• Introduce Your Dog to Coworkers’ Dogs: Go for a walk in neutral territory with other dogs from the office and their owners. Walking with other dogs is a great way to make introductions and help new dogs get off on the right paw. Give plenty of treats for both dogs as you make the introduction. Watch out for signs of stress or aggression. If things are going well, just back off for a while.
  • Get Your Dog Ready for the Commute: If your dog’s only experience with the car is to either the vet or the groomer, they’ll enjoy the commute to and from work even less than you do. Take them for a few fun trips in the car so they don’t always associate travel with fear or anxiety.

Potty Training Your Dog for Work

If your dog is returning to the office with you after the lockdown they should have the potty training nailed at work, but accidents can happen. In the weeks leading to you and your pooches return to work make sure you go through potty training at home again before bringing them to the office.

When you are back in the office continue with these best practices:

  • Take lots of outdoor bathroom breaks and walks
  • Reward your dog when they go outside, where they’re supposed to
  • Do not punish them if there’s an accident, as this can make matters worse
  • Don’t forget to pack poop bags as well as cleaning supplies… just in case

If your pooch is joining you in the office for the first time, it is important that you nail the potty training at home first, if they are still having accidents at home it is likely to happen in the office.

How to Tell If Your Dog Is Stressed at Work

Going back to the office or indeed going to the office for the first time could be scary for your pooch and stress them out.

If you see your dog exhibiting stressful behaviors, give them a break from the office by either taking them home, if possible and depending on their stress level; letting them hide out in their crate or bed to calm down; or no longer bringing them to work while you continue socialization and training in a more controlled environment.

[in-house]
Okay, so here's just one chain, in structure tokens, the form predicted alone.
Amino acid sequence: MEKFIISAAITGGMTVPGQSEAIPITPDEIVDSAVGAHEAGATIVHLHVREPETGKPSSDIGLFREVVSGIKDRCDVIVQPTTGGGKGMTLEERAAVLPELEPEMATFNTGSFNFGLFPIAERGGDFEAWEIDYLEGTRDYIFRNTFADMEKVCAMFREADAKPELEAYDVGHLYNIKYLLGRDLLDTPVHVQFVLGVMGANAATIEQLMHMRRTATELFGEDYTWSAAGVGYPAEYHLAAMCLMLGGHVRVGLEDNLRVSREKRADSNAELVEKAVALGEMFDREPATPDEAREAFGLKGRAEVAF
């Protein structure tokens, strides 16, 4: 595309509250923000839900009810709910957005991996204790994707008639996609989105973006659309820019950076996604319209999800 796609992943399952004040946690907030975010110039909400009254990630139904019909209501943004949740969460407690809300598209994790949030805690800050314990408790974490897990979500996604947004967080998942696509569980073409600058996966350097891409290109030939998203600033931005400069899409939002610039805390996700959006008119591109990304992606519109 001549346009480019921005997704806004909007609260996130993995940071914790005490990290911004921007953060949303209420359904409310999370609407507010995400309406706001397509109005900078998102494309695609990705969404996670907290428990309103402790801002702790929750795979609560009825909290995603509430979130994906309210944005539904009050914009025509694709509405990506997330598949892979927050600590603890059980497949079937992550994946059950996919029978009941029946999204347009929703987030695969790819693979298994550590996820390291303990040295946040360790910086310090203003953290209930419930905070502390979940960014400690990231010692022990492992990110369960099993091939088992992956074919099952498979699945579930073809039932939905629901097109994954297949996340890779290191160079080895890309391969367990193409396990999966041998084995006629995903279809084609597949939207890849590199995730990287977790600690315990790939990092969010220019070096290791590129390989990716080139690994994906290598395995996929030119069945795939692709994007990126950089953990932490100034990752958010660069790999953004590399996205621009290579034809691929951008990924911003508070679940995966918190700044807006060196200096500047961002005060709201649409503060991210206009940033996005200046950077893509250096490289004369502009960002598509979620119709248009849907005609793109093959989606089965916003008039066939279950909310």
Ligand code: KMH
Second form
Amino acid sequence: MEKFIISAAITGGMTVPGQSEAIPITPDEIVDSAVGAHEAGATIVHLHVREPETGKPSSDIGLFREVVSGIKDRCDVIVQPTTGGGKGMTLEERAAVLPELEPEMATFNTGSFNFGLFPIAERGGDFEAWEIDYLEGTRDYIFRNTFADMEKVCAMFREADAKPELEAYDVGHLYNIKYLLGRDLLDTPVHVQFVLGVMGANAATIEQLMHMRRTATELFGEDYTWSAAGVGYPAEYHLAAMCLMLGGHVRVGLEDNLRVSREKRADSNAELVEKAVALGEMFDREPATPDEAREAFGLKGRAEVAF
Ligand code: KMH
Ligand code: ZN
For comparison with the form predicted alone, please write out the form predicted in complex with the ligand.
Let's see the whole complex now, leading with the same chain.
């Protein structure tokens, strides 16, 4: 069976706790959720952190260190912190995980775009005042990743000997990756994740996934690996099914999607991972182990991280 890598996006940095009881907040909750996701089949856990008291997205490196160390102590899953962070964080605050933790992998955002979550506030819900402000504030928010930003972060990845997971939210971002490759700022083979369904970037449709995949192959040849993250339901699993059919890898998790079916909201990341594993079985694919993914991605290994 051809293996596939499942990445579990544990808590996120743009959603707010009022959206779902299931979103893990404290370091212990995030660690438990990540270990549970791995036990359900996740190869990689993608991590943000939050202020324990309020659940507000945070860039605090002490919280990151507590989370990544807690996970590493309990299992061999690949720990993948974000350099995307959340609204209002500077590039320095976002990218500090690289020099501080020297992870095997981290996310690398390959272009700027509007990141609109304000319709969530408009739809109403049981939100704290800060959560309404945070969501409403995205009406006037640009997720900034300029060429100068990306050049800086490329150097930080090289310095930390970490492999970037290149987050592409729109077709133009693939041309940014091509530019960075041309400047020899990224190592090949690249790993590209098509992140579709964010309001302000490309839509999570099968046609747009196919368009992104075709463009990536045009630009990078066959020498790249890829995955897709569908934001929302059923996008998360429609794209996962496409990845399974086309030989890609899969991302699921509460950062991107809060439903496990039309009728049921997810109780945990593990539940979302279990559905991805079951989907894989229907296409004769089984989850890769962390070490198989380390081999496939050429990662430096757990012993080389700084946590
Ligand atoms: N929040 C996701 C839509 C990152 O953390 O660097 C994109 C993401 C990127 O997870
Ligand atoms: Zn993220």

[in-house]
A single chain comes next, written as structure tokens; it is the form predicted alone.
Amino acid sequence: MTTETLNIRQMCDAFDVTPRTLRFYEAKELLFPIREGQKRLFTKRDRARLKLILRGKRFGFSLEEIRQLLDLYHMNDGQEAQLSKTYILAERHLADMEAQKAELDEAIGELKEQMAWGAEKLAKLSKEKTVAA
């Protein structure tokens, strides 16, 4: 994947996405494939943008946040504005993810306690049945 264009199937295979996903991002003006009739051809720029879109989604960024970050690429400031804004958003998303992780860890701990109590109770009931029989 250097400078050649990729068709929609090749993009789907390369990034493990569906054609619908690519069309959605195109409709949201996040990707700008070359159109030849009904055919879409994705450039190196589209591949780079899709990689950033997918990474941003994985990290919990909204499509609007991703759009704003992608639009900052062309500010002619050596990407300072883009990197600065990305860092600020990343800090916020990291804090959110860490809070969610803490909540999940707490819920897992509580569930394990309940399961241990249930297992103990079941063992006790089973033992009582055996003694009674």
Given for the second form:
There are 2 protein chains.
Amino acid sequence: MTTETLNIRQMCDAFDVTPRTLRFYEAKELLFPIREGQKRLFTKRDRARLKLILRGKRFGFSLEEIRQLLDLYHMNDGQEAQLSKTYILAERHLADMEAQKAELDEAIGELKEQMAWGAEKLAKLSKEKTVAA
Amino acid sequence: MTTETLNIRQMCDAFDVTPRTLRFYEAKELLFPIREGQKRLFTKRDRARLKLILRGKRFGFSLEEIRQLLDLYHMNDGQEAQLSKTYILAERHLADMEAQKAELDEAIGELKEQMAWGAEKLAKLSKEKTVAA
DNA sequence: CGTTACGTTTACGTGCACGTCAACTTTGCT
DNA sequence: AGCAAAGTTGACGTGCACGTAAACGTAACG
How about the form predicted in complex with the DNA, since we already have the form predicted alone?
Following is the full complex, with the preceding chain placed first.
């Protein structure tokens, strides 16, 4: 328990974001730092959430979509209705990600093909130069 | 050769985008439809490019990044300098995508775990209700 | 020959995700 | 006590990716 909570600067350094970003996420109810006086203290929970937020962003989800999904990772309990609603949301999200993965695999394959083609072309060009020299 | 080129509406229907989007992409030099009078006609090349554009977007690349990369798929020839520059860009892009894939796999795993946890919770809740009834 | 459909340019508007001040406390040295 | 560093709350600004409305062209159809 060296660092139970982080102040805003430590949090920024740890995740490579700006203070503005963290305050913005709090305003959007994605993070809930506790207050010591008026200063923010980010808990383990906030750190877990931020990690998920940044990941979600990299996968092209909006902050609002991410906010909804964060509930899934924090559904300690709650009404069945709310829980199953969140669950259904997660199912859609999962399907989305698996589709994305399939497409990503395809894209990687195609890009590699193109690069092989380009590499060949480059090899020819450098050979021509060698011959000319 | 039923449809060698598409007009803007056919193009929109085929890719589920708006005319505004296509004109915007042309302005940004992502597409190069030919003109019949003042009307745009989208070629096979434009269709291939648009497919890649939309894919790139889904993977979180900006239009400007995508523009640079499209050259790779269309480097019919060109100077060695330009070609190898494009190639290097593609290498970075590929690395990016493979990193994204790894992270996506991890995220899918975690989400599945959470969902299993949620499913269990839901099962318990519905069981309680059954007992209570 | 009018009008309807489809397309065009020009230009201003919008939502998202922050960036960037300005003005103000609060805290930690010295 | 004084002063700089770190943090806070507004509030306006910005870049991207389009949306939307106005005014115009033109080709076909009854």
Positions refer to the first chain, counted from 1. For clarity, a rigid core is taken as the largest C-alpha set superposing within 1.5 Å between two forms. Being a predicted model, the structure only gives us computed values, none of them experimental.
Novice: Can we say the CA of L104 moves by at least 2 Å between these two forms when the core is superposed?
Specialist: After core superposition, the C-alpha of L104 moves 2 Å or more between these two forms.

Also, consider that many of your colleagues will want to befriend your dog, but simply don’t know when they’re being overbearing, or if your dog just isn’t feeling like making a new friend. Here are some signs that should give your coworkers pause, and potentially make you reconsider your future plans for doggie workdays:

  • Ears Pulled Back: There’s a subtlety to reading your dog’s ears. They might pull back their ears when anxious as well as when they’re relaxed. But there are other telltale signs. If your dog’s ears are pulled back tightly against their head, mixed with a tense body posture, they are likely nervous and should not be forced into more intense situations.
  • Lip Licking: Is your dog licking their lips/nose like they just gobbled down a meal, even when they haven’t had anything to eat or drink? If so, this is often a sign of stress. Ease up and give them a safe space.
  • Scratching: If your dog suddenly starts scratching but you have no reason to believe they’re itchy, it could be another sign they’re stressed.
  • Shaking: Full-body shaking — like after your dog comes out of a bath — is one way your dog might try to release stress by literally trying to shake it off.
  • Tucked Tail: Your dog’s tail is a fantastic gauge for their mood. Elevated and wagging means all signs are good; tucked firmly between their legs and you’ve got a frightened pooch on your hands. However, don’t always be fooled simply because their tail is wagging. Be mindful of the other signs your dog is displaying, as tail wagging can just as easily be a sign that they’re angry/agitated as happy/excited.
  • Whale Eyes: Dogs don’t look at people directly in the eyes, but a friendly dog will be more willing to look someone in the face. A wary dog, on the other hand, will often give you “whale eyes,” which you can identify by the position of the head in relation to the eyes. If the dog’s head is pointed one way, while they give someone a sidelong glance, it means they’re keeping an eye on a potential threat, while keeping their body aimed in the direction they’ll go if/when it’s time to skedaddle.
  • Barking, Growling, Cowering: While you might recognize the symptoms of a dog that doesn’t want to interact, others might not. Kindly let your coworkers know that a barking or growling dog wants to be left alone and will not be won over.

 

About the author

Sean McCormack is the Head Vet from dog food company tails.com